Some Plan Boycott of Summers Talk at Tufts
Some professors at Tufts University are calling for a boycott and protest of a lecture there next month by Lawrence H. Summers, who left the presidency of Harvard University last year following a long debate over his comments about women and science.
“Having Larry Summers here is like a slap in the face,” said Gary Goldstein, a professor in the physics and astronomy department. “I see him being invited here as a lack of awareness about how that affects our campus environment.”
Lawrence S. Bacow, the Tufts president, invited Summers to give the Richard E. Snyder Lecture, which was endowed to enhance the intellectual climate on campus outside of the classroom. Past speakers in the series have included Salman Rushdie, Tim Berners-Lee and Shelby Steele. Summers plans to talk about “Rethinking Undergraduate Education.”
Summers is away on business, according to his secretary, and did not respond to an e-mail message seeking his comment about the criticism from some at Tufts.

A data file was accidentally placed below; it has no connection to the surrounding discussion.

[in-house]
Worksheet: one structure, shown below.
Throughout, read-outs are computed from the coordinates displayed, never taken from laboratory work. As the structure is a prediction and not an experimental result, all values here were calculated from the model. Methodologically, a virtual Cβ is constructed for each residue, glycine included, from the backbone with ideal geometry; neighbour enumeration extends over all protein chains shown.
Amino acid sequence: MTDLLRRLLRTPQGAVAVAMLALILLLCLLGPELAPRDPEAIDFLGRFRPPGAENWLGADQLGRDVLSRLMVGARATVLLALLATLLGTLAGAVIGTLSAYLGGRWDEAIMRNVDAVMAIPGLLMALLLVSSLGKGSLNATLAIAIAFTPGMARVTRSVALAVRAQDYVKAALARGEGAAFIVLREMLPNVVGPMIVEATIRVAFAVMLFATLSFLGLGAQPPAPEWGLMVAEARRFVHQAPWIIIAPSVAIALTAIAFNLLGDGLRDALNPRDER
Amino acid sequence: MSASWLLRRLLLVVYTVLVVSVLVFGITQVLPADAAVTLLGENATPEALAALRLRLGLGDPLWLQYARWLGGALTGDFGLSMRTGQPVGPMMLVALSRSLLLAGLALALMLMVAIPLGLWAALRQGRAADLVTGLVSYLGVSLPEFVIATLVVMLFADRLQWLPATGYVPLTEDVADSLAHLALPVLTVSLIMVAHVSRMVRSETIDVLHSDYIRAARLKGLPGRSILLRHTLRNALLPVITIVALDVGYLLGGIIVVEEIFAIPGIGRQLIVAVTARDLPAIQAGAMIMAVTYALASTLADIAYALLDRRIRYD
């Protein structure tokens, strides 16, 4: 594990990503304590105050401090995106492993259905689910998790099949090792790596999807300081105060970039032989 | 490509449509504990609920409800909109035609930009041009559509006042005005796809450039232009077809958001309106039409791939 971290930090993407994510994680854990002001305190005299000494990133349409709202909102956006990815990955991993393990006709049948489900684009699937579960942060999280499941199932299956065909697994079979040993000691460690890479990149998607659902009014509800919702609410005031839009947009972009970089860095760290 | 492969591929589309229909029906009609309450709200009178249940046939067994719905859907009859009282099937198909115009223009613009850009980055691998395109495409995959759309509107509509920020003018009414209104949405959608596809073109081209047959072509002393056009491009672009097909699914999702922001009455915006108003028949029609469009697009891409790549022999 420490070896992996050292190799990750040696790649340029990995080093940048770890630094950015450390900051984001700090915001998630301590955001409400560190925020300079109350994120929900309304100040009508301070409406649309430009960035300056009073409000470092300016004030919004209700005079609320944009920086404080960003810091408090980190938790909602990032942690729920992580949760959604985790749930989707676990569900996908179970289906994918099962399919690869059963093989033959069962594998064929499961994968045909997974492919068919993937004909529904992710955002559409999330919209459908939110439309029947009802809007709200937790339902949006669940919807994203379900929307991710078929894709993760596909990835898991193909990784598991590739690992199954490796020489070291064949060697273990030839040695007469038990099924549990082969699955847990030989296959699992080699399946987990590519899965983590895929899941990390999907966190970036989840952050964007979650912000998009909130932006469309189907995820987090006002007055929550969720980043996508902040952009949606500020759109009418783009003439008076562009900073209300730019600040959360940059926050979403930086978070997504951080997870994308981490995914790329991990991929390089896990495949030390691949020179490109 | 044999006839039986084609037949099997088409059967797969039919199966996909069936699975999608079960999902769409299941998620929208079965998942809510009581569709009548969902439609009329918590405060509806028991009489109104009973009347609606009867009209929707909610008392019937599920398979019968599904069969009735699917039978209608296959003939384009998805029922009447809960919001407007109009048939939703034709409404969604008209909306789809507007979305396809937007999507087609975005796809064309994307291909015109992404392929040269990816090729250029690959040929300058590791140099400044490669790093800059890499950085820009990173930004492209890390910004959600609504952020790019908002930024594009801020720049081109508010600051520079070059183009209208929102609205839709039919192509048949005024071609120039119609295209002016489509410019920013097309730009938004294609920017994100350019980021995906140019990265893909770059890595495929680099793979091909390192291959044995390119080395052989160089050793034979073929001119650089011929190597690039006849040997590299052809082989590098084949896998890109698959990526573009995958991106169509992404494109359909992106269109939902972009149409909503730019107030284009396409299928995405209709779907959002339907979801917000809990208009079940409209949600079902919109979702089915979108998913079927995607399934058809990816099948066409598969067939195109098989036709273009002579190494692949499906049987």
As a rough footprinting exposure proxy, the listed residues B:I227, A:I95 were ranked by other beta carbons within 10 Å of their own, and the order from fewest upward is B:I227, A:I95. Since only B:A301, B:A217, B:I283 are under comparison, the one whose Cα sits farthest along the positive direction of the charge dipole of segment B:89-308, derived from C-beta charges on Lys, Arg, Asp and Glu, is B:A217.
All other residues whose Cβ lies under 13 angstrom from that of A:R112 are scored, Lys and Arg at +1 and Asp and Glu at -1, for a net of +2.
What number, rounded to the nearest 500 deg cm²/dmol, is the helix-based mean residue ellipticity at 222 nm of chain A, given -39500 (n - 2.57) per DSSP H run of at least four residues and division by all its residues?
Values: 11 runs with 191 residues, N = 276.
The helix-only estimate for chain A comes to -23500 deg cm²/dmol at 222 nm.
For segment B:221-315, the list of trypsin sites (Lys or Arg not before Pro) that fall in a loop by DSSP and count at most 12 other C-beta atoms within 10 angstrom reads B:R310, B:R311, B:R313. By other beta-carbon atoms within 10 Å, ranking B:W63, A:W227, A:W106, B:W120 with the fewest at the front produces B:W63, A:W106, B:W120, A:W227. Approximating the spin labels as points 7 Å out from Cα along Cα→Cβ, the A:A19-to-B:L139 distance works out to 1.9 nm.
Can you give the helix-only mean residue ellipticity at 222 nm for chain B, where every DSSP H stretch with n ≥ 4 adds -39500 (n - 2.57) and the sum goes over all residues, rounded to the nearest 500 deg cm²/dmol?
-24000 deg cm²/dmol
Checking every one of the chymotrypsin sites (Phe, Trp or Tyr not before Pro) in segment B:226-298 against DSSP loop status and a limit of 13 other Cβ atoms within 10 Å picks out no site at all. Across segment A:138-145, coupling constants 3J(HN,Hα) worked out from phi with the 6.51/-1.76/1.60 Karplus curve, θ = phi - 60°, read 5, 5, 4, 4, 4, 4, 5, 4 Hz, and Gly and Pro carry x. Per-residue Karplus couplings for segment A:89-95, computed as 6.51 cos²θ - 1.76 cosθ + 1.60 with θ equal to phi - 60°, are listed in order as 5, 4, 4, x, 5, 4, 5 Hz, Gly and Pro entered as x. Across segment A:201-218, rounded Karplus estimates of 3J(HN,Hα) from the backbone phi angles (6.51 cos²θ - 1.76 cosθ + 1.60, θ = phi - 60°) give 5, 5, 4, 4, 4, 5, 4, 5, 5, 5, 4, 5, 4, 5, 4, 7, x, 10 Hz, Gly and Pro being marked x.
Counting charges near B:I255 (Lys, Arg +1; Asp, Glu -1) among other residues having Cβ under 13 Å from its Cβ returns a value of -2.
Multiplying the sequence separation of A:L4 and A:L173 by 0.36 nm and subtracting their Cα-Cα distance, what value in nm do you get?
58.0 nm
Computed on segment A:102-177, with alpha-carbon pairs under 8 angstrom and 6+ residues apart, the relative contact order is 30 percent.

“The issues that have made him a national news item have to do with his attitudes toward women and the African American society,” said Goldstein. “The attitudes toward race and diversity can be a troublesome one.” (While Summers hit his greatest controversy with comments about women and science, for which he apologized, he also clashed with some members of the university's black studies program and was seen as critical of multiculturalism.)
John McDonald, a music professor, recently wrote a letter to the editor of The Tufts Daily encouraging professors to boycott the lecture -- and minimize its impact -- by reserving tickets but not attending.
That prompted Matthew Knowles, a computer science major, to write a reply in which he called that proposal “juvenile.”
“The idea of buying tickets and then not attending is not only foolish but it also excludes those who may wish to see the event,” wrote Knowles. “To deny anybody the opportunity to attend is unfair and unjust.”
That prompted McDonald to modify his proposal and to instead urge students and professors to congregate elsewhere during the lecture.
James Glaser, dean of undergraduate education at Tufts, runs the lecture series and said of Summers: "His topic of conversation is not related to the things he is controversial for. I think people will want to have a chance of seeing him in action.”
Search for Jobs